Real Answers from Real Pilots

V-22 Time

Hello gentlemen. Great forum and thanks for sharing. This question mostly pertains to the Majors. I’m a USMC MV-22 Pilot. I have 1200hrs MV-22, 150hrs C-12, 100hrs T-34, handful of Helo time, and 80ish hours general aviation time. I decided to stay Active Duty for another 3 years due to opportunities that couldn’t be passed and to try to reach the 2,000TT before moving on and getting hired by one of the Majors. Flight leadership/instructor background; 3 combat deployments, Weapons and Tactics Instructor, Air Mission Commander, Standardization and Instrument Instructor/Evaluator.

Right now V-22 time is considered “Powered-Lift” instead of FW, although I cannot find an FAA examiner that can sign off on a powered-lift ATP since there still isn’t a civilian version. A bunch of us are flying on the side as CFI/II’s to build the 250 FW PIC required for the ME FW ATP in order to take the practical (written complete) since our PIC/SIC in the V-22 currently is not allowed to be counted towards FW ME. Allegedly, the FAA plans on counting Osprey and Harrier time towards FW in the next few years.

Until that happens, are any of you familiar with your organizations’ acceptance or rulings towards counting V-22 time towards multi-engine turbine time? If so, are they counting our full time or only a portion of flight time for when we are in “airplane” mode?

It’s a bit of a conundrum because we fly a “fixed-wing” multi-engine, crew served, digital cockpit aircraft at 240-280kts, but with the option to land via a hover or conventionally to a runway up to 100kts just like most FW aircraft. We also go through the same flight school pipeline as C-130 and P-3 pilots, with the addition of a few months in helo school.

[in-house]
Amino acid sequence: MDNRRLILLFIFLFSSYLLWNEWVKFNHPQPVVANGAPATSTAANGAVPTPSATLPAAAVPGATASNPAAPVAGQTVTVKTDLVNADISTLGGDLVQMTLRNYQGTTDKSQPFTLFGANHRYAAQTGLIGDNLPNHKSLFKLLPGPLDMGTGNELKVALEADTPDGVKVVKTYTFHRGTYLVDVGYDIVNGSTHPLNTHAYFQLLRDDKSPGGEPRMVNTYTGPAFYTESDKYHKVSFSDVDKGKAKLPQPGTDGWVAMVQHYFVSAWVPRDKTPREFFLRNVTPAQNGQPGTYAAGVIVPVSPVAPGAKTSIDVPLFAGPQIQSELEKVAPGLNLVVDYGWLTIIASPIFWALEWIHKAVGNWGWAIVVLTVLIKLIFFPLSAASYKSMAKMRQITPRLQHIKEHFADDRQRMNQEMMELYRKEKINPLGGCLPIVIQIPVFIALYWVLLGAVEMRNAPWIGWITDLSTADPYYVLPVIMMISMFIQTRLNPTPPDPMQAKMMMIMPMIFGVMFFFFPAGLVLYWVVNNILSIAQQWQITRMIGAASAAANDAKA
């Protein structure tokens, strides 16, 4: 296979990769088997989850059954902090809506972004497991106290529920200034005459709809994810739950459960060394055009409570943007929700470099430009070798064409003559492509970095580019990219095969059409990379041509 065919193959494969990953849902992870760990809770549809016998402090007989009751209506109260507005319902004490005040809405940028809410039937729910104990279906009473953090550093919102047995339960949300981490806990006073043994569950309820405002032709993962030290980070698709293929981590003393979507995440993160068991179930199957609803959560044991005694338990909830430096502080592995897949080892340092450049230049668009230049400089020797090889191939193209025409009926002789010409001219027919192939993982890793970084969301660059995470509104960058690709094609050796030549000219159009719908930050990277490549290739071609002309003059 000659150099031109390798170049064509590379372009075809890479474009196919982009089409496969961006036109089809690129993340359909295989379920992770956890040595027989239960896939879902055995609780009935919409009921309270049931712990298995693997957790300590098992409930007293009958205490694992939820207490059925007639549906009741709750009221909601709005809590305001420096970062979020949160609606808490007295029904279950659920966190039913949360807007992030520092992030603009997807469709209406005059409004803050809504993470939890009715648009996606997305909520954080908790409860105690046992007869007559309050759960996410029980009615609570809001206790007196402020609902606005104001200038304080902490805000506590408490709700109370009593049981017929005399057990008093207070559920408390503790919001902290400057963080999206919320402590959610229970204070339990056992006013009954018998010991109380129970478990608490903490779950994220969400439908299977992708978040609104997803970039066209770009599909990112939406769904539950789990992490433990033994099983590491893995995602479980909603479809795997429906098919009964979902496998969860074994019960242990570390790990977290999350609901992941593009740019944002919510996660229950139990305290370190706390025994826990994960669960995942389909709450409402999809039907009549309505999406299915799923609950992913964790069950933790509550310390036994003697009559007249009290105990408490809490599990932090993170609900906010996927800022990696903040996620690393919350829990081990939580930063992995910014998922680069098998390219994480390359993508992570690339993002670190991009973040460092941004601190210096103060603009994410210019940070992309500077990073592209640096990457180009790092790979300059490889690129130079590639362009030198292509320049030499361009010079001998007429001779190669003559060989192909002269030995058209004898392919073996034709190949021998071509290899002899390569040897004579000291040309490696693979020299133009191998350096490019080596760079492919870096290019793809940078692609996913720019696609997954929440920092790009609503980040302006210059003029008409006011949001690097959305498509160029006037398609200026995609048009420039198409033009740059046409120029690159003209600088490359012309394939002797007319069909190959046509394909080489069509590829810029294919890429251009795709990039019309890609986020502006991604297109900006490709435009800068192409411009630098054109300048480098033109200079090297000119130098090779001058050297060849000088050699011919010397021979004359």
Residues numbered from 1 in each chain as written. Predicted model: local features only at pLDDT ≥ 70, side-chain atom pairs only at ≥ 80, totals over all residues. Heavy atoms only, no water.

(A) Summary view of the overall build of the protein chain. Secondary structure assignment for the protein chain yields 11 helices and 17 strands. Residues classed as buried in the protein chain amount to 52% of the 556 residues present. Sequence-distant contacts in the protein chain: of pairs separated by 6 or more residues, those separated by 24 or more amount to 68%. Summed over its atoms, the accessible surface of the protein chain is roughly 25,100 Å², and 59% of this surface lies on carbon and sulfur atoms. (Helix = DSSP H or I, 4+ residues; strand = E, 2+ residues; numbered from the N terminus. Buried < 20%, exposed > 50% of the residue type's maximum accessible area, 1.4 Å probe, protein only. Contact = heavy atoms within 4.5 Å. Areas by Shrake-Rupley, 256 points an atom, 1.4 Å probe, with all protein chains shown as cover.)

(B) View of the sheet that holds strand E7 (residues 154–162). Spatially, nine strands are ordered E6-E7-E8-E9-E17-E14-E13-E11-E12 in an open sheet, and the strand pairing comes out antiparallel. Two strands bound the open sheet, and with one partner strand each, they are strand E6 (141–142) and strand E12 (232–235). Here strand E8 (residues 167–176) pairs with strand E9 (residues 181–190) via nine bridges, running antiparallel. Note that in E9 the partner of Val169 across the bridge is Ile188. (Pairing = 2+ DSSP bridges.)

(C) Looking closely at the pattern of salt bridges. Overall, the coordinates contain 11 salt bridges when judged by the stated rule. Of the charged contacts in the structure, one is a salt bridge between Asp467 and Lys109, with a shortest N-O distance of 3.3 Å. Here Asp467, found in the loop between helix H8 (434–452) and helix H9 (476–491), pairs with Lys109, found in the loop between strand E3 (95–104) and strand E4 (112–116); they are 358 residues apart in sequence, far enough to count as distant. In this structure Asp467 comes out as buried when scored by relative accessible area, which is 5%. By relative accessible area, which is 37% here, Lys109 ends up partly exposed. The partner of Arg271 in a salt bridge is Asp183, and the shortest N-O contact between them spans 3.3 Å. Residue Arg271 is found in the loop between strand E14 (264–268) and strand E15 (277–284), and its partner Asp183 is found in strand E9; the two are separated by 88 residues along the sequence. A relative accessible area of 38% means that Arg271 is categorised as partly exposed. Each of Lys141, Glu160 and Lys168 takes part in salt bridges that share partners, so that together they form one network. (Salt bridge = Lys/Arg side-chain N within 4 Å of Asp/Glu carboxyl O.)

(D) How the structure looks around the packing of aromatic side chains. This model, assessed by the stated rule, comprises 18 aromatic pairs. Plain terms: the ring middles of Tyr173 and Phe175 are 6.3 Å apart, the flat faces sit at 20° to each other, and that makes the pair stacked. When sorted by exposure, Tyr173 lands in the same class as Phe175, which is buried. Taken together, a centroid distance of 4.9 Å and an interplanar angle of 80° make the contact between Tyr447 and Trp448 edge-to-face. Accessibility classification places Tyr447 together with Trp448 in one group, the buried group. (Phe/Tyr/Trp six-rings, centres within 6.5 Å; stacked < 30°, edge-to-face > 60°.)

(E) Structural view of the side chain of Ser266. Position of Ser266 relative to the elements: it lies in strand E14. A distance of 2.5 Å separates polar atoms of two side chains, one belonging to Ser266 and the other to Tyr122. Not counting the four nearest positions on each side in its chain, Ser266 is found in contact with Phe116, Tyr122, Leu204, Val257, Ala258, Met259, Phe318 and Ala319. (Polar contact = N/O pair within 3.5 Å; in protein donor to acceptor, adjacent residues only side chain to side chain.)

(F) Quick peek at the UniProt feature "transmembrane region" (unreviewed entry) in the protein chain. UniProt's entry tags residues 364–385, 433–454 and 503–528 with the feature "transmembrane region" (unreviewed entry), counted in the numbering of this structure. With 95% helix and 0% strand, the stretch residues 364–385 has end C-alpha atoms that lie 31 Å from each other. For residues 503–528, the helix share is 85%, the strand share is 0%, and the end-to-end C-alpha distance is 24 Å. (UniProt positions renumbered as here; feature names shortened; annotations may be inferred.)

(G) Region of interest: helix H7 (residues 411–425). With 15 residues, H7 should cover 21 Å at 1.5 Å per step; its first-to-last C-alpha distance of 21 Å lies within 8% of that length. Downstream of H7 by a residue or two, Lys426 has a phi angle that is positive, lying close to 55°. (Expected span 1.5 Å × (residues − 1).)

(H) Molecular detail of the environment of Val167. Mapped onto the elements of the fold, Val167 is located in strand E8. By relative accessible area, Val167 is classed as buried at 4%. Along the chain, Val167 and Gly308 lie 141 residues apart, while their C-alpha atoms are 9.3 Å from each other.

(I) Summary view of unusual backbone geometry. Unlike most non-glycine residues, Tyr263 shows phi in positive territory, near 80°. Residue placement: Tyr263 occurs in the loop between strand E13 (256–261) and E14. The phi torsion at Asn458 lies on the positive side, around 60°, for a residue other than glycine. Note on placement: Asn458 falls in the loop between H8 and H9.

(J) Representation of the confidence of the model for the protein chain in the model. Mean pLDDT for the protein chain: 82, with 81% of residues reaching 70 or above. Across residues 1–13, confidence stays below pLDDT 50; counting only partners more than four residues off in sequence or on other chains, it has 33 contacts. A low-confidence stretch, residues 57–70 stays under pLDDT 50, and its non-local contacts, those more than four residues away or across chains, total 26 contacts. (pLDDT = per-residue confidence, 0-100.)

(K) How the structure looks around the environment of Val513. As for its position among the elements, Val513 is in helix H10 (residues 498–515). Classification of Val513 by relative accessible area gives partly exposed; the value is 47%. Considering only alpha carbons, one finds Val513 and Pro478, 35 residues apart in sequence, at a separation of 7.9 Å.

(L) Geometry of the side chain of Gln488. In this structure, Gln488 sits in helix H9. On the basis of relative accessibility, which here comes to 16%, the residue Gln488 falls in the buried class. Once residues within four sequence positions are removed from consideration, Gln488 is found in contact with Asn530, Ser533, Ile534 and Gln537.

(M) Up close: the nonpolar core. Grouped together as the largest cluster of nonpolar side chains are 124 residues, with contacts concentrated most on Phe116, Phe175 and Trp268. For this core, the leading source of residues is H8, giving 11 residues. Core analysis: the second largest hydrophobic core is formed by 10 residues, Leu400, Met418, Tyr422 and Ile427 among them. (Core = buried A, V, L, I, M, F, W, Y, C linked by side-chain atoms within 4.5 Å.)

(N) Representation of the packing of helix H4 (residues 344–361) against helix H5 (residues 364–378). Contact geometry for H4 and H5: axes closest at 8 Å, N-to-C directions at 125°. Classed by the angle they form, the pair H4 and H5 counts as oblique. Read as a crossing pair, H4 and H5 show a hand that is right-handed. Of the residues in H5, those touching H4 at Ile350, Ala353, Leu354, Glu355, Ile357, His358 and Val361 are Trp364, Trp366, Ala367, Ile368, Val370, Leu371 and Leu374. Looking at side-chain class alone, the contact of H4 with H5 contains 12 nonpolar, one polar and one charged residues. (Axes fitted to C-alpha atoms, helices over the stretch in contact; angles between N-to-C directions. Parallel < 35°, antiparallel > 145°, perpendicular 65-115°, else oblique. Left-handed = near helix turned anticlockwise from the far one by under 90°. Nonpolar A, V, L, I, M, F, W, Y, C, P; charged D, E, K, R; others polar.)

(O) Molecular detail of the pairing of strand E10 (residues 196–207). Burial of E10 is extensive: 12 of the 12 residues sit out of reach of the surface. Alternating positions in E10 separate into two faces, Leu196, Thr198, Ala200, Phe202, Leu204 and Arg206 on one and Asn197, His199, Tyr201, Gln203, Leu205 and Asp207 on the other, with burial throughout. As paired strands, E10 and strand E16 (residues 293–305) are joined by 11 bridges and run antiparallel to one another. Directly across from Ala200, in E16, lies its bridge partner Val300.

Thank you very much. I look forward to your responses and can answer any MV-22 questions for my fellow aviators in the forum.

Card

Hi Sergio,

Honestly I have no idea but I will inquire (I won’t be in the office for another week so could be a little bit). That said since the Majors all require an ATP I’m thinking that’s the bigger issue. Fortunately you have 3yrs and hopefully the FAA will come up with something more definitive by then.

Stay safe,

Adam

Sergio,

You find yourself in an interesting scenario. I am not in anyway involved with the hiring at United, so I can’t really answer that question. I would recommend going to some of the job fairs that the major airlines are present at and talking with the recruiters there, they can give you definitive answers. The good news is that the airlines like hiring military pilots and are generally pretty understanding that the military world can be vastly different from the civilian world.

Chris